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There was a post on this web site an hour ago asking for the sum of

\begin{equation*} \binom{50}{0}\binom{50}{1} + \binom{50}{1}\binom{50}{2}+⋯+\binom{50}{49}\binom{50}{50} \end{equation*}

expressed as a single binomial coefficient. (Four choices were provided in the post.) The post seems to have been deleted. I think it is worth keeping on this web site.

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  • $\begingroup$ When I looked at it moments ago, the other question was not deleted (though it was just one vote away from being closed): math.stackexchange.com/questions/2195018 $\endgroup$
    – David K
    Mar 20, 2017 at 16:59
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    $\begingroup$ The older question was hard to find. For example, it never mentioned the word "binomial." I've added a couple of relevant tags to it, which might have helped. $\endgroup$
    – David K
    Mar 20, 2017 at 17:32

2 Answers 2

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Solution

For any positive integer $n$ and any nonnegative integer $r \leq n$,

\begin{equation*} \binom{n}{r} = \binom{n}{n - r} . \end{equation*} According to Vandermonde's Identity, \begin{align*} &\binom{50}{0}\binom{50}{1} + \binom{50}{1}\binom{50}{2}+⋯+\binom{50}{49}\binom{50}{50} \\ &\qquad = \binom{50}{0}\binom{50}{49} + \binom{50}{1}\binom{50}{48}+⋯+\binom{50}{49}\binom{50}{0} \\ &\qquad = \sum_{r=0}^{49} \binom{50}{r} \binom{50}{49-r} \\ &\qquad = \binom{100}{49} . \end{align*}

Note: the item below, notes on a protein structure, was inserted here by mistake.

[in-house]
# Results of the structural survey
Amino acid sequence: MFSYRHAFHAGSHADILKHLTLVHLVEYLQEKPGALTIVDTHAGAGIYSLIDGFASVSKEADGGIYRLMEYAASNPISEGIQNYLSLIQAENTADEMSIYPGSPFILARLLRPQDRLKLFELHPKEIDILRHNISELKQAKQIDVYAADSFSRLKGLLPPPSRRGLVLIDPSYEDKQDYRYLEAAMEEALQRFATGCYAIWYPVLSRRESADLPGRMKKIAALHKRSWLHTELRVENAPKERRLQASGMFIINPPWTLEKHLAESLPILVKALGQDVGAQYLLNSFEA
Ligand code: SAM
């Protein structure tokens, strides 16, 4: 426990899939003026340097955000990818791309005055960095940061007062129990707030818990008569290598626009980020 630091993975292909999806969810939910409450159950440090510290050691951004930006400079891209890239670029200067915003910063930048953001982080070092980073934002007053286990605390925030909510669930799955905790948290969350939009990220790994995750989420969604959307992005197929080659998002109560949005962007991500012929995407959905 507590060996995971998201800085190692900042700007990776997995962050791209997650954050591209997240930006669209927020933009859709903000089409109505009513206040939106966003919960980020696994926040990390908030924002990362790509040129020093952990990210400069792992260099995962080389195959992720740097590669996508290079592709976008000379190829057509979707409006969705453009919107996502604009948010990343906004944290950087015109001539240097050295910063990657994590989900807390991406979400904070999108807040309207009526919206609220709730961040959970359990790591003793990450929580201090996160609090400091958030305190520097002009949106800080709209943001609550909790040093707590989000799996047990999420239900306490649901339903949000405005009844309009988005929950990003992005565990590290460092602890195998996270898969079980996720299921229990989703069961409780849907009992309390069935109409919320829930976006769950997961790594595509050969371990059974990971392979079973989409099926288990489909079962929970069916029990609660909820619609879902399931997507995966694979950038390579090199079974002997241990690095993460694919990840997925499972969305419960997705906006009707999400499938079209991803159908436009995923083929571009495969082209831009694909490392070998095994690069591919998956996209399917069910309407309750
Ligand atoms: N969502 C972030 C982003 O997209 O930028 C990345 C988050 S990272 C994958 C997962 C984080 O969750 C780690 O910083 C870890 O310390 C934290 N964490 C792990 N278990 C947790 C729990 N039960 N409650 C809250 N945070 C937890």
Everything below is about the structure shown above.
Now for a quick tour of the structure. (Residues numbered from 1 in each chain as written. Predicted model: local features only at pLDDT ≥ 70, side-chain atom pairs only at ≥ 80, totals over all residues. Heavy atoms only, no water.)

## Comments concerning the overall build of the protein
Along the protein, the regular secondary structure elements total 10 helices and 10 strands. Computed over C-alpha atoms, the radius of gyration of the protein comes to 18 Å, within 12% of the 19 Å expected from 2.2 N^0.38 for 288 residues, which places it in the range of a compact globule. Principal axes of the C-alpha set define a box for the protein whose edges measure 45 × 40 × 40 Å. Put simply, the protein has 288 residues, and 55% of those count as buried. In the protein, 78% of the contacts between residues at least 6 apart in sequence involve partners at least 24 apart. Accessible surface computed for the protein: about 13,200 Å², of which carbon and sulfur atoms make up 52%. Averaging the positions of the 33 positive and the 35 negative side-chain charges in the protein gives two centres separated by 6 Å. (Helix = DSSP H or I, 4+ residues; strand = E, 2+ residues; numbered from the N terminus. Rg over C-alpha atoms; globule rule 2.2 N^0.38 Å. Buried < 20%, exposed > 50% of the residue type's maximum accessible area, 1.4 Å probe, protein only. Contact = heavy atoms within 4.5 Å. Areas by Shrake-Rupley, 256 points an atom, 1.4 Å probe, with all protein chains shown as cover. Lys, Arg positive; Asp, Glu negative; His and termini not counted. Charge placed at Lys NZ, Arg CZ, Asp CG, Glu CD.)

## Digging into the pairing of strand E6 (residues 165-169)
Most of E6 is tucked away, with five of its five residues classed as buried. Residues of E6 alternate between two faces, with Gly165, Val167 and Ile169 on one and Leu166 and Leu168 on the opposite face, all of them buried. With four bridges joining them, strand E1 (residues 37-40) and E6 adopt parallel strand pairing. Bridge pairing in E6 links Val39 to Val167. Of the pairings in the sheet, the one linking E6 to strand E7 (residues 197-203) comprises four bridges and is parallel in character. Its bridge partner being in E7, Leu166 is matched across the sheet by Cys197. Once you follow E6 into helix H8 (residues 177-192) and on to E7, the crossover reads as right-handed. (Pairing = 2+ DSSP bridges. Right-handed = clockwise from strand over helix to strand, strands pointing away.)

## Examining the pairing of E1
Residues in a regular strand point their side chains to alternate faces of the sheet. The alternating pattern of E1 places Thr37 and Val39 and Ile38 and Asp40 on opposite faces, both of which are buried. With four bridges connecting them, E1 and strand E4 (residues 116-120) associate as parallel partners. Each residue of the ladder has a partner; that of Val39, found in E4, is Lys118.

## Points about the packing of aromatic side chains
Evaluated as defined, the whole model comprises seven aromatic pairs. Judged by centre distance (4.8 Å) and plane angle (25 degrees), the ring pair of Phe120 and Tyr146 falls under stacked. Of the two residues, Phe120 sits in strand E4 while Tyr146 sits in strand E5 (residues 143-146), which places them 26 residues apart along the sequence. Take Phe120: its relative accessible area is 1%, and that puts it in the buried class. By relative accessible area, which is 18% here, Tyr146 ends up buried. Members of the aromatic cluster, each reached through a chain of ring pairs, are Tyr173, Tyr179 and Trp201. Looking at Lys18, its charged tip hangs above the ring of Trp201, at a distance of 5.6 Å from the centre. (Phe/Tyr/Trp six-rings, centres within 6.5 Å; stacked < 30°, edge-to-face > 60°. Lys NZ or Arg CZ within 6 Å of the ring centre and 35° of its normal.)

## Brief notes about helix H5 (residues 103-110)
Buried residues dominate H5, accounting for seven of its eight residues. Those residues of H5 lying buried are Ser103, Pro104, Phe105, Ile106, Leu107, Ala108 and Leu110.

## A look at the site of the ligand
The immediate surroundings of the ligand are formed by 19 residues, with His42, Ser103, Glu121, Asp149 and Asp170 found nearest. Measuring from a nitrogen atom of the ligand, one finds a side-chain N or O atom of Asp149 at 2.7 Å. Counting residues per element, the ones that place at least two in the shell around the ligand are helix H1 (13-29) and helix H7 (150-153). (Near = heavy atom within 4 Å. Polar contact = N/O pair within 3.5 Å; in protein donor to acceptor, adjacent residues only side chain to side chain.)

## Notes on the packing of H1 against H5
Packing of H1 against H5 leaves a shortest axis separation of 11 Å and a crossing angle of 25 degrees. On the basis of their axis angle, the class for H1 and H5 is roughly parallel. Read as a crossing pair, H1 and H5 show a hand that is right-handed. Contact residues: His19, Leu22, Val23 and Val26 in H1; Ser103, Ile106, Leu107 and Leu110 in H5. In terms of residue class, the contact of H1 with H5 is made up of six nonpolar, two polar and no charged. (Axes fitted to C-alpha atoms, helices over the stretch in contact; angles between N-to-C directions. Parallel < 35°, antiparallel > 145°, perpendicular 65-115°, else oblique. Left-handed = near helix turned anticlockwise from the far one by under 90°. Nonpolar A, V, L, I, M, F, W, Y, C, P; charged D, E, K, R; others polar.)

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There is another proof for this problem that I am mentioning here :

Since :

$$ \binom{50}{0}\binom{50}{1} + \binom{50}{1}\binom{50}{2}+⋯+\binom{50}{49}\binom{50}{50} \\ \qquad = \binom{50}{0}\binom{50}{49} + \binom{50}{1}\binom{50}{48}+⋯+\binom{50}{49}\binom{50}{0} \\$$

Consider the product :

$$(1+x)^{50} \times (1+x)^{50}$$

Look for the coefficient of $x^{49}$ in this product, it will be calculated as :

$$ x^0 ~~\text{from first bracket} , x^{49} ~\text{from second bracket} = \binom{50}{0} \times \binom{50}{49}$$

$$ x^1 ~~\text{from first bracket} , x^{48} ~\text{from second bracket} = \binom{50}{1} \times \binom{50}{48}$$ $$ x^2 ~~\text{from first bracket} , x^{47} ~\text{from second bracket} = \binom{50}{2} \times \binom{50}{47} \\. \\. \\. \\.$$

$$ x^{49} ~~\text{from first bracket} , x^{0} \text{from second bracket} = \binom{50}{49} \times \binom{50}{0}$$

So, coefficient of $x^{49}$ in expansion of $(1+x)^{50}(1+x)^{50} =$

$$\binom{50}{0}\binom{50}{49} + \binom{50}{1}\binom{50}{48}+⋯+\binom{50}{49}\binom{50}{0} \\$$

Which is coefficient of $x^{49}$ in expansion of $(1+x)^{100} =$

$$\binom{100}{49}$$

Thus :

$$\binom{50}{0}\binom{50}{49} + \binom{50}{1}\binom{50}{48}+⋯+\binom{50}{49}\binom{50}{0}=\binom{100}{49}$$

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  • $\begingroup$ That's really nice! $\endgroup$
    – Vincent
    Mar 20, 2017 at 18:29

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